The Île aux Moines and the Gulf of Morbihan

A great gulf

Picture 1 The Île aux Moines and the Gulf of Morbihan Picture 2 The Île aux Moines and the Gulf of Morbihan Picture 3 The Île aux Moines and the Gulf of Morbihan Picture 4 The Île aux Moines and the Gulf of Morbihan Picture 5 The Île aux Moines and the Gulf of Morbihan Picture 6 The Île aux Moines and the Gulf of Morbihan

In the temperate south of Brittany, the Gulf of Morbihan has been described as one of the most beautiful bays in the world. From Locmariaquer and its ancient stones in the west, taking in the walled town of Vannes, on to the Rhuys Peninsula in the east, the gulf has something for all tastes.

Boat trips

The most unusual feature of the gulf is its islands; there are around 42. Many are owned by celebrities but the two largest, Île aux Moines and Île d’Arz, are favourite tourist destinations in summer. The cross-shaped Île aux Moines offers scenic walks around its 4 miles (7km) coast while Arz has lovely creeks and coves to enjoy a dip. One of the most popular activities is to take a boat trip around the gulf from Vannes, however, many visitors take the boat from Larmor-Baden to see the island of Gavrinis, probably the most impressive megalithic site in Brittany, whose long stone passageway is adorned with carvings.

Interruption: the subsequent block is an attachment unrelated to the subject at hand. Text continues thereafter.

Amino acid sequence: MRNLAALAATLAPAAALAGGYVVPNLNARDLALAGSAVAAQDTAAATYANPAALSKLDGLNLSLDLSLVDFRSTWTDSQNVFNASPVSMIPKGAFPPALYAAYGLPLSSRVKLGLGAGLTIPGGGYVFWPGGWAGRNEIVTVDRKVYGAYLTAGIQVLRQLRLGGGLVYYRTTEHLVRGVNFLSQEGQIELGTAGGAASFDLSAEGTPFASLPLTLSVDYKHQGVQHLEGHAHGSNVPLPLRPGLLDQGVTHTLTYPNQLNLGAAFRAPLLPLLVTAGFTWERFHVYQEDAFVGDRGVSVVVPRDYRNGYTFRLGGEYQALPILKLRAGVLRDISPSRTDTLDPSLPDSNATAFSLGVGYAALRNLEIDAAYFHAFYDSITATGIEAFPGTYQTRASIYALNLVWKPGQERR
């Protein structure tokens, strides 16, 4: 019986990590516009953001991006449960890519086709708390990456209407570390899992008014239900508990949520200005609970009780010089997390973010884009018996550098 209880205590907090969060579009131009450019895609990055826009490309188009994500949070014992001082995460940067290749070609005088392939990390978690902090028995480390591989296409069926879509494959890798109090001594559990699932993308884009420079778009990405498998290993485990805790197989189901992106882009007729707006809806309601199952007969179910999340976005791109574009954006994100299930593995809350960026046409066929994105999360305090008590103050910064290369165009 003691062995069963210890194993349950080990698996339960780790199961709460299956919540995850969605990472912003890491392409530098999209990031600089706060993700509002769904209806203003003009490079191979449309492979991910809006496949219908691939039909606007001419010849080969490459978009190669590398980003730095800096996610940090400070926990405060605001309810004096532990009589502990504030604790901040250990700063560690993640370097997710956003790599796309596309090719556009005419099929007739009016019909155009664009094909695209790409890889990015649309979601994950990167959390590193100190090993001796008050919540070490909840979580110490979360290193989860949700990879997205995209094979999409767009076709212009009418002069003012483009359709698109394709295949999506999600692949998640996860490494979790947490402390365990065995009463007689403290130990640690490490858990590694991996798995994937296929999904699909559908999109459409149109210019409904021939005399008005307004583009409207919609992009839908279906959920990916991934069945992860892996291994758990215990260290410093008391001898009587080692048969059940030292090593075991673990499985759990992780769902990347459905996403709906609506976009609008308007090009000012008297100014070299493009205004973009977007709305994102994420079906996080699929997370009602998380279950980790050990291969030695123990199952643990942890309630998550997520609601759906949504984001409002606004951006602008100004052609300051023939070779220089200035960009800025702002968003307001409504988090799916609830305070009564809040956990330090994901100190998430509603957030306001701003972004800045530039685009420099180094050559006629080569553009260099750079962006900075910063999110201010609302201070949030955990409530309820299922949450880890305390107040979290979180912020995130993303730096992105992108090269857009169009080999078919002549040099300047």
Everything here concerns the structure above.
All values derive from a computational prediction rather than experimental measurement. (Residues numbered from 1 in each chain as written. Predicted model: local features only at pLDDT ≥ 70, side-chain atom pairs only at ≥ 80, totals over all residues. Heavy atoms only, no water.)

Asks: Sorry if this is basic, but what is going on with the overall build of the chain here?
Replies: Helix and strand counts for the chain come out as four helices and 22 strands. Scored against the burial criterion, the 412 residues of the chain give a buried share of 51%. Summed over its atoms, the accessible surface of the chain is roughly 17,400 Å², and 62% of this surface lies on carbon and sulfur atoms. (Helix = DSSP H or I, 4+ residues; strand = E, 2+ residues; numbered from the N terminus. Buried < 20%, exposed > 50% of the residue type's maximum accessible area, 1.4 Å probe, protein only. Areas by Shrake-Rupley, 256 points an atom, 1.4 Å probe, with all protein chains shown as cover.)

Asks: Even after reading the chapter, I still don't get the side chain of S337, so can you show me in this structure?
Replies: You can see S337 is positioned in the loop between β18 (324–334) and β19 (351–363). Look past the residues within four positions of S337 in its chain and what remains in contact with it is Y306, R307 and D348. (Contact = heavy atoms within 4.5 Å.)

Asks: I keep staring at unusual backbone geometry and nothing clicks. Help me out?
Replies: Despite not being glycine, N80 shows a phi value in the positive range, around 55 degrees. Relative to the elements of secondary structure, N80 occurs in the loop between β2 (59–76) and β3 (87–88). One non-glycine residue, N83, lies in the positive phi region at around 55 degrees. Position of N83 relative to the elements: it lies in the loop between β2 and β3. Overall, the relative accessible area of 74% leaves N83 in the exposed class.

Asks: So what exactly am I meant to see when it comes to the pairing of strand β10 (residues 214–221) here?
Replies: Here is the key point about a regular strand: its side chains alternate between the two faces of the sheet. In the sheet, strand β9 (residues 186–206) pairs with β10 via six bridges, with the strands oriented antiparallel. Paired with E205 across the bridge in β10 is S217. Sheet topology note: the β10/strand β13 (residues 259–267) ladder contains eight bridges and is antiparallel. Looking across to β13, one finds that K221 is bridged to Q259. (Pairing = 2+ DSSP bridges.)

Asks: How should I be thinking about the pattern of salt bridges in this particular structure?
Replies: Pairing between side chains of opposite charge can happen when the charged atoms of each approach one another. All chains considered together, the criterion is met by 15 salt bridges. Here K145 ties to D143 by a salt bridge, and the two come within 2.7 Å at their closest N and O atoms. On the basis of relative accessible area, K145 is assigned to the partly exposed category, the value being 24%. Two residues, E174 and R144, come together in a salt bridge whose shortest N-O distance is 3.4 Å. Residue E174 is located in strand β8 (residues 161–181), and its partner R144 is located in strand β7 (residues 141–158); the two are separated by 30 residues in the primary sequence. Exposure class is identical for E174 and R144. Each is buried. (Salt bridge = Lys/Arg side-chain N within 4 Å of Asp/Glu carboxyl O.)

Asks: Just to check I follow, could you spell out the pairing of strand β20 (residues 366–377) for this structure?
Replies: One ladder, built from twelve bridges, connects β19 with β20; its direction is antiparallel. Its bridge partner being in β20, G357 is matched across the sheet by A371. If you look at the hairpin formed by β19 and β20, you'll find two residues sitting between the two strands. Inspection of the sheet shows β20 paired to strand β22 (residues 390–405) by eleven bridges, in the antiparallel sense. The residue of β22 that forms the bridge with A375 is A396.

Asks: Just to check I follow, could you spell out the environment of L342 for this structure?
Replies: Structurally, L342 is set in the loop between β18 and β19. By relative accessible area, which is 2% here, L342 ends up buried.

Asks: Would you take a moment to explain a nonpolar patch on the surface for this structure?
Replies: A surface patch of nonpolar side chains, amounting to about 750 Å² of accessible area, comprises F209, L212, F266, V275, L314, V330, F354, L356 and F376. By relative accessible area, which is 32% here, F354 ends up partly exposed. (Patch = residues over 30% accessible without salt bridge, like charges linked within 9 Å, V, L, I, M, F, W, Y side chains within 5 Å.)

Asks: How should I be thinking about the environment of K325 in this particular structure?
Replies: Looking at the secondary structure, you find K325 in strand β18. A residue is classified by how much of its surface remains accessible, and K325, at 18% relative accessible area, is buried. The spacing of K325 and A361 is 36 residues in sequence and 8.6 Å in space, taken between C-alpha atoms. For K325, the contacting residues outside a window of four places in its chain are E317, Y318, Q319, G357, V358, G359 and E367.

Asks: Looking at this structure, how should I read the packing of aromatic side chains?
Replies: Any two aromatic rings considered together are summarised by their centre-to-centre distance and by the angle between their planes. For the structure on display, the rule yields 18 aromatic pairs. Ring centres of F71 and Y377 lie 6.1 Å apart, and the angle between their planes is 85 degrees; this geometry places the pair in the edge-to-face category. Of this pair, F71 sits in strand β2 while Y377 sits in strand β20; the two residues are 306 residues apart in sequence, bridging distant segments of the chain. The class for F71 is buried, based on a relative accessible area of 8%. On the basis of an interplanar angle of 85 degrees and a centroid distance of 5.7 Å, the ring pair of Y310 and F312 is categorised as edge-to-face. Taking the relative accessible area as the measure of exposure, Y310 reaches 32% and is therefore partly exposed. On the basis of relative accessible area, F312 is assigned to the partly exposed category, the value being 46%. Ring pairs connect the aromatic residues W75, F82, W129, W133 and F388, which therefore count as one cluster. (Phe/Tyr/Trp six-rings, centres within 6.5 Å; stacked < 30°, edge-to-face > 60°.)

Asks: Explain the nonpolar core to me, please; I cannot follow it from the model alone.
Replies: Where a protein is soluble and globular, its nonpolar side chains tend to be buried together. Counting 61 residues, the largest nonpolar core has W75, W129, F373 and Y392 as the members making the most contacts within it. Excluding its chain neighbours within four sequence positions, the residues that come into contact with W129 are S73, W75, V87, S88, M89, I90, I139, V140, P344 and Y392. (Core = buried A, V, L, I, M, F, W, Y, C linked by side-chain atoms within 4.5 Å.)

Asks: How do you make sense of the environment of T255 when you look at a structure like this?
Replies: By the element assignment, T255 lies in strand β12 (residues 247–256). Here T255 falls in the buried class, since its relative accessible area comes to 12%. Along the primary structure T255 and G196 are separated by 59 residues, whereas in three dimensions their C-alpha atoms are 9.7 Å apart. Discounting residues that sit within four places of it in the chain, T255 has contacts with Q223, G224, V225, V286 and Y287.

Sacred stones

the Gulf of Morbihan is rich in megalithic sites, nowhere more so than Locmariaquer. On the outskirts of this unremarkable village are three very impressive constructions: Le Grand Menhir, now on the ground in four pieces, is the largest stone ever erected in prehistoric Europe; the Table des Marchands stone burial chamber has engravings similar to those at Gavrinis and Er Grah is a 500ft (140m)-long tumulus.

Walled town

The lovely walled town of Vannes is a must on any visit to the gulf. Take a walk around the narrow, cobbled streets, through the medieval gates, before settling down for lunch at a café alongside the attractive marina. If you’re with the kids, head down to the Parc du Golfe for a look around the aquarium and Jardin aux Papillons (butterfly garden). The town is the hub of activities during the biennial Semaine du Golfe sailing festival (next one 2011).

Castle concerts

On the east side of the gulf is the Rhuys Peninsula, whose most popular attraction besides the seaside resort of Arzon is the 13th-century Château du Suscinio, one-time hunting lodge of the Dukes of Brittany, where they hold outdoor musical evenings in summer.

Did you know? 

The tumulus at Gavrinis is similar in shape and age (3500BC) to Egypt’s pyramids.

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With TripAdvisor’s reviews from travellers

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